A .30-30 is a very popular round because its readily available, cheep, and packs a real wallop. Next up, .308. The .308 is one of the most popular military & hunting rounds around the world. Why? It does the job. Americas own 30.06 is also outstanding. And then there is my own personal choice, the put them on the ground & keep them there 45/70. I have been using my 45/70 Marlin stainless 'guide gun' for over ten years. It's been ten years since a hog I have shot ran; they are too busy dying.
The real sportsman/woman knows his/her weapon, what it will & will not do, and acts accordingly. The choice of a weapon depends on the individual. We all have our personal preferences. The best choice is the weapon we feel most comfortable with.

Last edited by bob harbison; 03-10-2014 at 08:42 PM.
bob harbison is offline  
Old 04-16-2014, 10:26 PM
Fork Horn
Join Date: Apr 2014
Posts: 153

I've heard of a lot of hogs killed down in TX with AR15 and night vision with 223
miketodd58 is offline  
Old 04-18-2014, 09:18 AM
Join Date: May 2013
Location: Middleburg
Posts: 36

I don’t claim to be a expert on hogs, I don’t shoot boars over about 100 pounds because I don’t think they make good table fair. With that being said you cant beat a 300 pound sow out of an orange grove. I have killed and eaten three this year and that’s about my average for the last 30 years so you do the math. I have a WMA 15 miles from the house with a lot of hogs that you could hunt during small game season but you weren’t allowed to have a center fire rifle. Those hogs must have been sissys because I sure have killed a lot of them with a 22 Magnum. I am not saying that given an option I wouldn’t have had a larger rifle but I have never seen a bullet proof hog and I would count on shot placement over caliber everyday.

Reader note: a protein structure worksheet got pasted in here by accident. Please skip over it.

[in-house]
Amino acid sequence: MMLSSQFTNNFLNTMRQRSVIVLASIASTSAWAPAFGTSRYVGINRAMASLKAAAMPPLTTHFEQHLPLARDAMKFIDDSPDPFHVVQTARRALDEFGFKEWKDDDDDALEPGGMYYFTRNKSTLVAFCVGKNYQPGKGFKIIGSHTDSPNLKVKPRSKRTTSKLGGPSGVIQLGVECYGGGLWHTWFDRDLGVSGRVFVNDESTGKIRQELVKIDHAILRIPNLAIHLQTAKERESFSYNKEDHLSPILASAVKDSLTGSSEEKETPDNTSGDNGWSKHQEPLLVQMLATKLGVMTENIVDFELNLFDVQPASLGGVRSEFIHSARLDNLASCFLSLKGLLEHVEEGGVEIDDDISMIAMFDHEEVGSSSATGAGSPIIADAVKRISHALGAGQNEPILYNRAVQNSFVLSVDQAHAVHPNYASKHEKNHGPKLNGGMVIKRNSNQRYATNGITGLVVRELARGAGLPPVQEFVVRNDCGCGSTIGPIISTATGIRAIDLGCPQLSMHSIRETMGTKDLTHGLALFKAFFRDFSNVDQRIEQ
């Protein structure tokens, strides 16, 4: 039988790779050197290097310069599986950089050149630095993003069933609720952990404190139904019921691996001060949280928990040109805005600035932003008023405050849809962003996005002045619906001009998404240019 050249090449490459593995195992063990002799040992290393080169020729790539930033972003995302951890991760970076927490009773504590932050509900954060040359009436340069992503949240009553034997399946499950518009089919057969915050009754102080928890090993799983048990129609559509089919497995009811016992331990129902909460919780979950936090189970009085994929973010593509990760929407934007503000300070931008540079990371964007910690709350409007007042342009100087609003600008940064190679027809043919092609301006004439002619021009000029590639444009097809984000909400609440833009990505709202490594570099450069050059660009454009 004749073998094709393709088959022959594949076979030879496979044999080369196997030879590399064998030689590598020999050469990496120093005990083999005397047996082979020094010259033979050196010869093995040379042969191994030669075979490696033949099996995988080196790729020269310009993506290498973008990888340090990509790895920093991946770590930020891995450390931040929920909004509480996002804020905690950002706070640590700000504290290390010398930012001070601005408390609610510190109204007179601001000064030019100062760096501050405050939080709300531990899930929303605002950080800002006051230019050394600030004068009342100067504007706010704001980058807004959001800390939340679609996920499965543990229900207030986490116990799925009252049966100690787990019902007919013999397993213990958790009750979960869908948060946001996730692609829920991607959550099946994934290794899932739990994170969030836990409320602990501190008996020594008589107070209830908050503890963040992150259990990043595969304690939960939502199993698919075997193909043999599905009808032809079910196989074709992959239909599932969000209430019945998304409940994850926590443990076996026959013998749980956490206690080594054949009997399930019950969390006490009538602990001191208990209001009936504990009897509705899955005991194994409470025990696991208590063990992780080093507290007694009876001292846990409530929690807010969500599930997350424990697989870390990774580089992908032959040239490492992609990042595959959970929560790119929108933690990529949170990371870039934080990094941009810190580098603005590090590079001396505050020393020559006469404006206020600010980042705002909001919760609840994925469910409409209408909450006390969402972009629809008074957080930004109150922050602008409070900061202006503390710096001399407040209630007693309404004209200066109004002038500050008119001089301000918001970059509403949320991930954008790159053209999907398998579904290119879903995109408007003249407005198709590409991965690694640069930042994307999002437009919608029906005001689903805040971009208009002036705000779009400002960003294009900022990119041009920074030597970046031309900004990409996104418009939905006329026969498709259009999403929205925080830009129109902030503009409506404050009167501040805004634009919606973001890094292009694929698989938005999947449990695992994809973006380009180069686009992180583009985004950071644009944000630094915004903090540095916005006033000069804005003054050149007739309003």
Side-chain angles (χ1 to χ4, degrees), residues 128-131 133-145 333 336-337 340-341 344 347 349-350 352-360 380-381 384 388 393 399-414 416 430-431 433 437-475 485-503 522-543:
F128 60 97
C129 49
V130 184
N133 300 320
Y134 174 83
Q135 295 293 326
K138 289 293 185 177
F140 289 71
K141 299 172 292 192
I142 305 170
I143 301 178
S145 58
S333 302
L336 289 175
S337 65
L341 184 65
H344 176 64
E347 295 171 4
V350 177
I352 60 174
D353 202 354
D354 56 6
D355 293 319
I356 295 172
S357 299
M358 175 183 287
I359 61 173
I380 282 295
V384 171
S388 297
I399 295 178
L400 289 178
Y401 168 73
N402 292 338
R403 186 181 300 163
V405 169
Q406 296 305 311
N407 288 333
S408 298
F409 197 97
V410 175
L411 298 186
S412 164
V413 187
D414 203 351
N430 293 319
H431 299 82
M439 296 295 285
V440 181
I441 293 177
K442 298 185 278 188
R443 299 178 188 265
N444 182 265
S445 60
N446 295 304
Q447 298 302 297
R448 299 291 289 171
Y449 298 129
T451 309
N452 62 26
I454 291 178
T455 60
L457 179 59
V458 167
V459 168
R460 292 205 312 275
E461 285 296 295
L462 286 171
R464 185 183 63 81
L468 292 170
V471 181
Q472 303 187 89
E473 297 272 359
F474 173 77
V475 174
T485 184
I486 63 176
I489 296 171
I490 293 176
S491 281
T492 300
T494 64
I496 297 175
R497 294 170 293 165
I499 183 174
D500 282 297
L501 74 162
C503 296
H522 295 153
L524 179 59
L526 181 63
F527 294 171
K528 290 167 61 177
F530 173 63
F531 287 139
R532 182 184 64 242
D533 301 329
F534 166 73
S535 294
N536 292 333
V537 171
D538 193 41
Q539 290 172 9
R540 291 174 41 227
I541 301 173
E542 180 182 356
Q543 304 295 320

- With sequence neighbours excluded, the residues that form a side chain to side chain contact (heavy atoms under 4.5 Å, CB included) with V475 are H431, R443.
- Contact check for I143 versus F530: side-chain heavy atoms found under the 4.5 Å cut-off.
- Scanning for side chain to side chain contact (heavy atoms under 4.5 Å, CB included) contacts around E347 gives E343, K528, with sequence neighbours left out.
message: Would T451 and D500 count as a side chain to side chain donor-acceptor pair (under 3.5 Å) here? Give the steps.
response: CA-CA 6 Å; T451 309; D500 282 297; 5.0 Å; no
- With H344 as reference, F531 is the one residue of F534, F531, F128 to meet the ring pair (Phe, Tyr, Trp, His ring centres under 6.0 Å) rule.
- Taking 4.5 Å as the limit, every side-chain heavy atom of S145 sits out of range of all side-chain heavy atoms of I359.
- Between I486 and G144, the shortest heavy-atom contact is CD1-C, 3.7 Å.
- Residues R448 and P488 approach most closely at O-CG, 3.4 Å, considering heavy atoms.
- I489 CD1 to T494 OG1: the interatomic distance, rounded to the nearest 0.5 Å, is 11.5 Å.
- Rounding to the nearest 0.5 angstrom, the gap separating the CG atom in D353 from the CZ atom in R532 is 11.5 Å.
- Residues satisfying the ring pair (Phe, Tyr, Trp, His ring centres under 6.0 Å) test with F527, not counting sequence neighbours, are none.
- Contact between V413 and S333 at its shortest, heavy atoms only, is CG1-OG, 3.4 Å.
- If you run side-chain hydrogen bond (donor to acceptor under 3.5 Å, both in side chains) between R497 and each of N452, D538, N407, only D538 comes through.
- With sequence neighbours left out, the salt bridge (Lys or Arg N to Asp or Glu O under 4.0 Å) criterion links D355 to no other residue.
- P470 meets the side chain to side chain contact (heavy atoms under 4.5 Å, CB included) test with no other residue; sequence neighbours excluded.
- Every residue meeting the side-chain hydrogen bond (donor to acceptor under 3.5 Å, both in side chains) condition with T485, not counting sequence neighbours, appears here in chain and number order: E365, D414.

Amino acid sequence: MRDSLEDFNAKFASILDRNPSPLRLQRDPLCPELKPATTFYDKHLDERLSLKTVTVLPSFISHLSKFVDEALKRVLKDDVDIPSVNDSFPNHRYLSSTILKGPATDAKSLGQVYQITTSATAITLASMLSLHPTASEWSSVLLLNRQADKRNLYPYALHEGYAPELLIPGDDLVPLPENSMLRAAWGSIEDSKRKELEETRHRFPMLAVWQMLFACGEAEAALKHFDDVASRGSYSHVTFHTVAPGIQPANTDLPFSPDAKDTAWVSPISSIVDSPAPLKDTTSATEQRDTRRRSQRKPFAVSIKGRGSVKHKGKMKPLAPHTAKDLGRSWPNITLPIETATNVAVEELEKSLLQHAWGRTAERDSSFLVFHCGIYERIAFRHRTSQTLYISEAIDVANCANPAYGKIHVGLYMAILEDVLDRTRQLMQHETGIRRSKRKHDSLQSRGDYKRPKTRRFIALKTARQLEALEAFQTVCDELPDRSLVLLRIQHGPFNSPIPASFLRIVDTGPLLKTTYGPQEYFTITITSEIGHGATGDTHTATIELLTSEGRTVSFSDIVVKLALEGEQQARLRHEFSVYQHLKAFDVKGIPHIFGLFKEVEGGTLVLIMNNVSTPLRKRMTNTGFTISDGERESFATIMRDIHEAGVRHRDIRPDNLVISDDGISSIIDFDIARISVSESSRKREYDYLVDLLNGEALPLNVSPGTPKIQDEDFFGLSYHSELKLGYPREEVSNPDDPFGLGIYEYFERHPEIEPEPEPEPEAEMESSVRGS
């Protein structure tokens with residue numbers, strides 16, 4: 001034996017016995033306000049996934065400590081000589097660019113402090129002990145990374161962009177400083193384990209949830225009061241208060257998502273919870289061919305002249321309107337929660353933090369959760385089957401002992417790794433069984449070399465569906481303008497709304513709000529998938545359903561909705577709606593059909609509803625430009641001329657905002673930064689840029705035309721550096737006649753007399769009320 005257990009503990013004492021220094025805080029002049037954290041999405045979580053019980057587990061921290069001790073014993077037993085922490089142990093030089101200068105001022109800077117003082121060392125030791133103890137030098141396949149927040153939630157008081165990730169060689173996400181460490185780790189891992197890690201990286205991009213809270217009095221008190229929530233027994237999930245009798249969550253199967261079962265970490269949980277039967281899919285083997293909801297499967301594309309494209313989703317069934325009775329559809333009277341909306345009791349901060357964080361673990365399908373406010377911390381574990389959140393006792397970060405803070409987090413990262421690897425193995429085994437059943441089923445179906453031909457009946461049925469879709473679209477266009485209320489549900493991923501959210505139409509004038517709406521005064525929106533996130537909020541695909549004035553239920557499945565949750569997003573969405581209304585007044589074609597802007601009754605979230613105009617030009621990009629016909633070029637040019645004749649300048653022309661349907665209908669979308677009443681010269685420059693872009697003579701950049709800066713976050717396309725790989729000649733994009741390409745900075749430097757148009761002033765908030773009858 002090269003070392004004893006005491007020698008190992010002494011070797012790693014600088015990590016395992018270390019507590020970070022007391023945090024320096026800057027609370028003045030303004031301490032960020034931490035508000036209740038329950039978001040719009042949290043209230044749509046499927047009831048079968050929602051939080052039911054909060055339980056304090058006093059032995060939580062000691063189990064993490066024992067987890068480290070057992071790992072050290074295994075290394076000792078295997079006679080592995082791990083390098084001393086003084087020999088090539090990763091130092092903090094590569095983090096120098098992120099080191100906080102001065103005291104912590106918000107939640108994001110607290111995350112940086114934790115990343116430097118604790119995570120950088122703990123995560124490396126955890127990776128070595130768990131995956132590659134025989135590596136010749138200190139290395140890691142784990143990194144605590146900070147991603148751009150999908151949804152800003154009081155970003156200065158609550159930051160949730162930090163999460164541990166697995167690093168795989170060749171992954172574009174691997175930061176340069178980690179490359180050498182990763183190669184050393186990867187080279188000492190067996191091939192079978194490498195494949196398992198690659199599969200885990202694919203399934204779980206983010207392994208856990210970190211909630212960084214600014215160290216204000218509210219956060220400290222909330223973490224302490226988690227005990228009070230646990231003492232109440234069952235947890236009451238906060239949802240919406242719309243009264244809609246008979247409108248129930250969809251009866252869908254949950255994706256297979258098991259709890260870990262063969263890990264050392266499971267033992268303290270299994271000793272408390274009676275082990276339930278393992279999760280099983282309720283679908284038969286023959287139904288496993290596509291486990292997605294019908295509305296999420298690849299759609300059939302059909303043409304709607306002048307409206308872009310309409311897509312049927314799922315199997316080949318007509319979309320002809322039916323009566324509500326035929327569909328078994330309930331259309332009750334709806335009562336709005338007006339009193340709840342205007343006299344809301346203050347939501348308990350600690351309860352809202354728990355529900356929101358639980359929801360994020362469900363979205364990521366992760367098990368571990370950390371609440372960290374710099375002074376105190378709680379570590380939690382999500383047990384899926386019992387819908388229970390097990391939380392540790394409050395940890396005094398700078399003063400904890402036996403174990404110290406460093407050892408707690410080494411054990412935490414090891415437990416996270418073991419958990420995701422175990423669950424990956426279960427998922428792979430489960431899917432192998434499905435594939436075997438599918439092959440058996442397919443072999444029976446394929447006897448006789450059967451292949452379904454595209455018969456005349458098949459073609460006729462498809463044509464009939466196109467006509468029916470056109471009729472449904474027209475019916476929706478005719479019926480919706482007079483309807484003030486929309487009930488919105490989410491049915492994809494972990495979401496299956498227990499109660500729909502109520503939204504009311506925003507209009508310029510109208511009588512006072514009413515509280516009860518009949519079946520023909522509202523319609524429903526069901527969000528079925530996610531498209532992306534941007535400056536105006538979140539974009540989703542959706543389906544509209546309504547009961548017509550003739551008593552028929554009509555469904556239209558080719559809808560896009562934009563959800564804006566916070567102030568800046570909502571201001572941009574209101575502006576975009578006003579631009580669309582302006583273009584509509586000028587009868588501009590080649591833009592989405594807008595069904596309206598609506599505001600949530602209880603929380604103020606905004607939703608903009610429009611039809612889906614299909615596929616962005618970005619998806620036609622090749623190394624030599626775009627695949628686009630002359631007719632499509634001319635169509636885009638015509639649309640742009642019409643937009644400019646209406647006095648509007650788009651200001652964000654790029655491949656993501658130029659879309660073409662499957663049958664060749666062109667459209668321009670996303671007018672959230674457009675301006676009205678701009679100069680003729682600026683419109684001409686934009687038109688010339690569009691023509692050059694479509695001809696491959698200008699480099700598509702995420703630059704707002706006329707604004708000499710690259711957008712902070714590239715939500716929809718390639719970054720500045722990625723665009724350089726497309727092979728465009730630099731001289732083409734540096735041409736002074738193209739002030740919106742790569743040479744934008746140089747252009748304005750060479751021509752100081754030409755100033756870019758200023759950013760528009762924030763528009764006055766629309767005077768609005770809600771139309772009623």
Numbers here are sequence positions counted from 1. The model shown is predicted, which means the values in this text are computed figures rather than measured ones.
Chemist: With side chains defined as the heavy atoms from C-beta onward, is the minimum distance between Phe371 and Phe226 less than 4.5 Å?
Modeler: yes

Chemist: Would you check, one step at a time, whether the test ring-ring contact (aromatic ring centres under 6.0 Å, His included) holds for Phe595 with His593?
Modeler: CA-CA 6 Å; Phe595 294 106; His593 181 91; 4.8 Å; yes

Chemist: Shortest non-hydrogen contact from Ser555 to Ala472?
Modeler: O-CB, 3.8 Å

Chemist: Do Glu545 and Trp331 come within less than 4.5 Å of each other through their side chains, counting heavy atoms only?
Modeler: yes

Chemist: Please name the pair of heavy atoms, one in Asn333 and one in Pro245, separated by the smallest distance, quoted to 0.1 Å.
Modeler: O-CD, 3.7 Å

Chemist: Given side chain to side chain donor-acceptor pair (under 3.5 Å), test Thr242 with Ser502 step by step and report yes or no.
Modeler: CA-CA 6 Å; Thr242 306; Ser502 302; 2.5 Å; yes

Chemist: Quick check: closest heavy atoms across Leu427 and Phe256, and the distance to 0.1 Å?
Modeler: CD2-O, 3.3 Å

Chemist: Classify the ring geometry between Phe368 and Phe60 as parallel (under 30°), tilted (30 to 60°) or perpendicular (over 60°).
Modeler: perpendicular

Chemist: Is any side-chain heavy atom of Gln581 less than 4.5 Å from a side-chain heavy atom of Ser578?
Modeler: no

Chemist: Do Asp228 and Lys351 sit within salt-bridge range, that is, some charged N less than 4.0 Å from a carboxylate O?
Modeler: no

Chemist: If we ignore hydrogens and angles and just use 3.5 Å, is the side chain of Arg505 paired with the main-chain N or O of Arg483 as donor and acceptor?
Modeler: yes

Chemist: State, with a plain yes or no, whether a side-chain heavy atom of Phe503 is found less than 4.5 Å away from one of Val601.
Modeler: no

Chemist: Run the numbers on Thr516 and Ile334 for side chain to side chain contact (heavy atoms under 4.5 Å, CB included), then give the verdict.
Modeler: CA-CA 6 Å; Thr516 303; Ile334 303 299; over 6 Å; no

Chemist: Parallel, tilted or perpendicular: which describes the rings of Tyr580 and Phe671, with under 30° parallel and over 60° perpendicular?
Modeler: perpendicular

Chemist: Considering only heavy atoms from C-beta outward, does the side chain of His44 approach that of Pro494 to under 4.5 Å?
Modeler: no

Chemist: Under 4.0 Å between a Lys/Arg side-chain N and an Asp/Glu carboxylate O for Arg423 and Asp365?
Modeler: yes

JGeBaide is offline  
Old 04-18-2014, 08:26 PM
Typical Buck
sdhunter11's Avatar
Join Date: Jul 2011
Location: northernwestern south dakota
Posts: 722

I don't know a lot on the subject at matter but I went down to Stamford,tx a few years ago and shot a 200lb sow with a .243 in head with a 95 gr SST at about 75 yards. It was lights out before she could even hear the shot lol. I also believe that if I would have shot her in the vitals she still would have ended up in the freezer.
sdhunter11 is offline  

Contact Us - Archive - Advertising - Cookie Policy - Privacy Statement - Terms of Service - Do Not Sell or Share My Personal Information -

Copyright © 2023 MH Sub I, LLC dba Internet Brands. All rights reserved. Use of this site indicates your consent to the Terms of Use.